If you have ever experienced recurring low back pain, you know that things can be going just fine and then suddenly, you are feeling that back pain again! You might even end up stuck lying flat on your back with an ice pack, unable to move. We have heard of this scenario time and time again. There are some constant factors to be aware of and we have tips to help you beat your low back pain.
When you envision yourself enjoying true health, pinched nerves are not part of the picture. A compressed nerve (often called a pinched nerve) causes pain, tingling, numbness, or weakness in your leg or arm. For some, the symptoms are debilitating.
We've got a guest blogger for this week's article! The experts at The Sleep Help Institute are sharing the scoop on the link between back pain and sleep deprivation, and how to overcome it.
Over 80% of the population in the United States complains of back pain, making it a very common occurrence. Most likely, you've suffered from back pain, so you know how debilitating it can be. With so many back pain sufferers, it is important for us to understand what is causing it. For many, our feet are the culprit.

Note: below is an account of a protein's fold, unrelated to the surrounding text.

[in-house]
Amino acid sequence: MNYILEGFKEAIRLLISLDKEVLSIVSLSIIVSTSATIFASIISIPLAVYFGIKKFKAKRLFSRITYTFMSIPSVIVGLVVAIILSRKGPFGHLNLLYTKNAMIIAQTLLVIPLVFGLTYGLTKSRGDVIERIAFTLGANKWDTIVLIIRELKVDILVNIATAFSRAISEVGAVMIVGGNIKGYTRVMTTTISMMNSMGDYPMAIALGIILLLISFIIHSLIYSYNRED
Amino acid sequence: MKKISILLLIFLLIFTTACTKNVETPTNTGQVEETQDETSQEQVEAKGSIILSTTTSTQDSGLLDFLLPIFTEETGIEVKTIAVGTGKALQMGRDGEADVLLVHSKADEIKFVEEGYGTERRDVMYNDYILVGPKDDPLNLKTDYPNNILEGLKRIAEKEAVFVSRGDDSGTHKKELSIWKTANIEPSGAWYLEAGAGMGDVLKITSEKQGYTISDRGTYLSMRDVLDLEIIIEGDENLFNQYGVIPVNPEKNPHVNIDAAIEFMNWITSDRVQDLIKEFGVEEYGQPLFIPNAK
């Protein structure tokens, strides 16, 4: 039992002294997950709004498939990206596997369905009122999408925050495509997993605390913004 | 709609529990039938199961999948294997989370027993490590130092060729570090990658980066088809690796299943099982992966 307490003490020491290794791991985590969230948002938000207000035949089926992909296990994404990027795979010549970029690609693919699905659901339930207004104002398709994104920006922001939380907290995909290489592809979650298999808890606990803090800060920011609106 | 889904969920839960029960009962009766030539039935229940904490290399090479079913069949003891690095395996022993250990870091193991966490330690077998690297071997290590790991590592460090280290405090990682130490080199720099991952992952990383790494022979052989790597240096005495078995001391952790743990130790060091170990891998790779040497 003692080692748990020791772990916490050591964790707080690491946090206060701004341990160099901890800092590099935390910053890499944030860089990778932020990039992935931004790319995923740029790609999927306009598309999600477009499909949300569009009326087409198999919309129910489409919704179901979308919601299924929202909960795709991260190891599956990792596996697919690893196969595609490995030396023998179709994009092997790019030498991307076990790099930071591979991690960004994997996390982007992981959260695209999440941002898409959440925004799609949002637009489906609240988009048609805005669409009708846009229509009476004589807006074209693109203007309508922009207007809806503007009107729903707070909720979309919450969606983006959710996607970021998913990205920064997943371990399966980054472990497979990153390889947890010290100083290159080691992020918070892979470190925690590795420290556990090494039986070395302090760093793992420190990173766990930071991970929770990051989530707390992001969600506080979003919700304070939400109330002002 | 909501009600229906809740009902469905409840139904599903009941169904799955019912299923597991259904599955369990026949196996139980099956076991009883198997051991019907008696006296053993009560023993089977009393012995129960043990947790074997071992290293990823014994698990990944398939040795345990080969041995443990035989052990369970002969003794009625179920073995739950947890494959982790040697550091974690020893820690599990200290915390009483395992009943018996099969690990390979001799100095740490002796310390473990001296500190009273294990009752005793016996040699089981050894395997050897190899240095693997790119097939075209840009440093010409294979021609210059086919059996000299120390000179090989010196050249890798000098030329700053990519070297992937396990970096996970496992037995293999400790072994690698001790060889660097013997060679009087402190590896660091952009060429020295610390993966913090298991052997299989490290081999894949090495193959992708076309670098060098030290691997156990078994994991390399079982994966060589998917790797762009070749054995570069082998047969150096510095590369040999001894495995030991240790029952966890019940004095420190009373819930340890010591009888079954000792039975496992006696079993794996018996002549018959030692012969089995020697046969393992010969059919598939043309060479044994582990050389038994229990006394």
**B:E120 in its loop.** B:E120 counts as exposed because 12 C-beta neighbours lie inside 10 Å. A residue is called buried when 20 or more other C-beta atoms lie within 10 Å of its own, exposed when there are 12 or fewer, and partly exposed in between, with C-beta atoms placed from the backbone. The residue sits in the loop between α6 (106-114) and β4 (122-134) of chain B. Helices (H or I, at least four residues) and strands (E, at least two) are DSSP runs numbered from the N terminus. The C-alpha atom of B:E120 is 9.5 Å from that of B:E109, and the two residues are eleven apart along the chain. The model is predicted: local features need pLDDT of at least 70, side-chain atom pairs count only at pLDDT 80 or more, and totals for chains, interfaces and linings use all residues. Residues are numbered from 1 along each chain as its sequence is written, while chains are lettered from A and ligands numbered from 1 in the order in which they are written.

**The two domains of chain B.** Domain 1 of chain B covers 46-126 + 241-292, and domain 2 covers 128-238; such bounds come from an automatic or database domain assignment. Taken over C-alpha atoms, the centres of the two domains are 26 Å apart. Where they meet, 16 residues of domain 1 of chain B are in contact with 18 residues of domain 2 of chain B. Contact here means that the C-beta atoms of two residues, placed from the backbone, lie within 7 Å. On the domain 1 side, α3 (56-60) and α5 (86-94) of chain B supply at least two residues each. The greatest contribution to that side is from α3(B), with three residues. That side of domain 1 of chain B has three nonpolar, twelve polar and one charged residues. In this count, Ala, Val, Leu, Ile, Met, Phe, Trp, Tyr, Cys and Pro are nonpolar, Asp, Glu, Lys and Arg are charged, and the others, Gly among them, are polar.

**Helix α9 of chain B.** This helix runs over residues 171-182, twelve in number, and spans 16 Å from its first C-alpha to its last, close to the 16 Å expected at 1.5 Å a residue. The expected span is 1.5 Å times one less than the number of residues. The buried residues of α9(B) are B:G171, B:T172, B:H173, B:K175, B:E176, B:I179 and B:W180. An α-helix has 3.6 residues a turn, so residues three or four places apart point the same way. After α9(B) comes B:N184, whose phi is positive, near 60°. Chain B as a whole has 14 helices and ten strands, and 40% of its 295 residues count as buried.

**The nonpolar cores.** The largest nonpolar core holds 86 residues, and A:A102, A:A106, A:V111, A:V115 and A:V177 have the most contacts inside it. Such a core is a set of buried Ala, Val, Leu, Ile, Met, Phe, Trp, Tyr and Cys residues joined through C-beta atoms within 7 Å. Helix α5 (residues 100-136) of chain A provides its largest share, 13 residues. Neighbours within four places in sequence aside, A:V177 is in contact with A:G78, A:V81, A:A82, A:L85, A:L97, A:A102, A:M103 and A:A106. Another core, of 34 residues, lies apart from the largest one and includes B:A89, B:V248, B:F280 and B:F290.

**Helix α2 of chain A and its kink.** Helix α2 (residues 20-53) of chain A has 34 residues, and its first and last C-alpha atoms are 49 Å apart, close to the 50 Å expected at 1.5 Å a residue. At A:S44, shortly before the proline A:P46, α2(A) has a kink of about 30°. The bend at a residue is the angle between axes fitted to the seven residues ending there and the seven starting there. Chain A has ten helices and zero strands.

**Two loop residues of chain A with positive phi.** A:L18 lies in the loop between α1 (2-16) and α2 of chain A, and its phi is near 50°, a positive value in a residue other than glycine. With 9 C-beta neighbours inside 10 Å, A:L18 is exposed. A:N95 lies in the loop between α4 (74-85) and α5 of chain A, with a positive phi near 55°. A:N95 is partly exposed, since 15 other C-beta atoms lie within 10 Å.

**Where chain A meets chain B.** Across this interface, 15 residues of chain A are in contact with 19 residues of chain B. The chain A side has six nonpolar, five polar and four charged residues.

Typically the first response to pain is to take a pain pill like Tylenol or Advil. While this is an understandable response, this hurry to mask our pain symptoms, leads to us ignoring our body's only way of letting us know that something needs attention. For example, a headache is usually an indication of hunger or stress. A sore throat could be telling you that you need to rest your voice. If you mask these pain messages without addressing where they're coming from, you risk worsening the pain in the long run.
You are likely focusing a lot of time and money on school supplies, however, if you don't approach the school year properly your kids might come home every day complaining of aches and pains among other things. Here are my top three tips that I recommend for back to school:
Many patients with low back pain come into the office complaining of sciatica. Sciatica is not as common as people believe, however those suffering from it will typically do anything to ease the pain. So, how do you know if you have sciatica?
With over 80% of the US population complaining of back pain, you might consider back pain to be normal. However, just because it is common does not make it normal. This one misconception stops most people from taking the proper steps to correct their back pain so that it won't recur. Here are 4 more common misconceptions about back pain that keep people from seeking help: